Okay, great. Hey, just wanted – a few questions here. I mean the first one is in RTE cereal, a number of your competitors cited headwinds in the quarter from inventory de-stocking on a retailer level, what impact did that have on your cereal volumes in the quarter. And then do you expect shipments into the retail channel need to accelerate going forward given that the retail takeaway data that we see from pulse has been pretty strong, I think sales were up 3.8% the latest 12 weeks of data?

Rob Vitale

So we did not see a significant inventory issue in the quarter and we would expect, with the exception of some volatility of inventory level, that retail would be, shipments to track consumptions. So borrowing some changes in inventory, we would expect some acceleration in shipments following the strong consumption that we have seen.

Cornell Burnette

And then what are your comments just on generally what you are seeing in the pricing in the category, are you still seeing things, mostly discipline and promotions remaining in check across the category?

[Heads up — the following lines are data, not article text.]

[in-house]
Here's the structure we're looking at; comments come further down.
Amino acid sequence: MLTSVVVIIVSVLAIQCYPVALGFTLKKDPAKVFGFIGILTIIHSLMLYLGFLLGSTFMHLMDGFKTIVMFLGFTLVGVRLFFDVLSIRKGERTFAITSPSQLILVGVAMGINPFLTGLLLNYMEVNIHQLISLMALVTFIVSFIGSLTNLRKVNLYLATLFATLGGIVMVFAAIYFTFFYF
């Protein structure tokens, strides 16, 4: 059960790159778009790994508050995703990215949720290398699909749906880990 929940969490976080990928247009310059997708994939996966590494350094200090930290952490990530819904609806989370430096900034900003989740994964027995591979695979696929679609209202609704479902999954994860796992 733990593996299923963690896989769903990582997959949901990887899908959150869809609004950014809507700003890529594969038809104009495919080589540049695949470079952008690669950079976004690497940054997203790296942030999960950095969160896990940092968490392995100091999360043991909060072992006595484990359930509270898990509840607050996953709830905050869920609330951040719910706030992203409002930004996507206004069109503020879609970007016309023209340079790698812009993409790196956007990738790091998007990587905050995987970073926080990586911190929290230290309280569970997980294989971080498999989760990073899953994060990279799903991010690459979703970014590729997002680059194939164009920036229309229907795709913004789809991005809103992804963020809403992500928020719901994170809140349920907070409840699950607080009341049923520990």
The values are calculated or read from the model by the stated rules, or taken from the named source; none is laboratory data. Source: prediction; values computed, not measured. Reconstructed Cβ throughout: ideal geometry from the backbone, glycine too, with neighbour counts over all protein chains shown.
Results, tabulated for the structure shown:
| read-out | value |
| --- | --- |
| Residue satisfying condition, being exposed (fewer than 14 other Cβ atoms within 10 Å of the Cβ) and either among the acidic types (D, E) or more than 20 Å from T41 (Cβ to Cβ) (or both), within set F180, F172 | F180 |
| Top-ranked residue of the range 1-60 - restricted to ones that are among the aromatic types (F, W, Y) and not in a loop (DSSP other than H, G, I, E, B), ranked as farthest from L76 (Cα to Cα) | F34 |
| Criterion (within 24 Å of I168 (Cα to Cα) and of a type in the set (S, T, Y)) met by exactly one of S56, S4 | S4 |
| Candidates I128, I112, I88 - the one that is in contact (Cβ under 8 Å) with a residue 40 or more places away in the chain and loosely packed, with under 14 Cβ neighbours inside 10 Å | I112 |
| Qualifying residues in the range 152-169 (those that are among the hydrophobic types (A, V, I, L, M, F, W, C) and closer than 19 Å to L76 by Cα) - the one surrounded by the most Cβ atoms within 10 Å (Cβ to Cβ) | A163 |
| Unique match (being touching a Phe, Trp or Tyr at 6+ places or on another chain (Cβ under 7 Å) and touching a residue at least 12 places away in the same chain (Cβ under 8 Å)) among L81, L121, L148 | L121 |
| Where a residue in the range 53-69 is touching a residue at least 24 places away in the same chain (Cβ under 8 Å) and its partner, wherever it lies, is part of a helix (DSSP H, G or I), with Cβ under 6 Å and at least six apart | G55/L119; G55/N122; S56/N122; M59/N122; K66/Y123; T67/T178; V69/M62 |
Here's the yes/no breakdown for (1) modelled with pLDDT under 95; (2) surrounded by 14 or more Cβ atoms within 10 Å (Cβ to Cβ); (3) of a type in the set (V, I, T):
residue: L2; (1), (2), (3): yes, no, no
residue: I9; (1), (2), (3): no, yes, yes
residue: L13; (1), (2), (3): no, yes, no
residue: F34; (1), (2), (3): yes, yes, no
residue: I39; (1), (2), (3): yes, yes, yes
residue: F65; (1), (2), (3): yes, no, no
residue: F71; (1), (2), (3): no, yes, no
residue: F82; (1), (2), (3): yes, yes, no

Rob Vitale

The quick answer is yes. There is always some timing from quarter-to-quarter around promotional events. But in general the environment I would characterize is more of the same.

Cornell Burnette

Okay. And then lastly, when you kind of commented and say that the EBITDA this year seems to be weighted a little bit more, tilted towards the back half, is the biggest driver of that coming from processed eggs or is there anything else that we should kind of be aware of?

Rob Vitale

The drivers of that more have to do with the slope of the growth in Active Nutrition and the timing of the incremental realization of synergies. So as synergies flow through PCB, that EBITDA level should increase throughout the year, barring decisions to make incremental investment in brand building.

Cornell Burnette

So then would you say that in the processed egg business, obviously there is some volatility from quarter-to-quarter in terms of seasonality, but for the most part kind of, excluding kind of general things in seasonality, that business is going to be somewhat stable in terms of the type of EBITDA that we see coming across the year in that segment?

Rob Vitale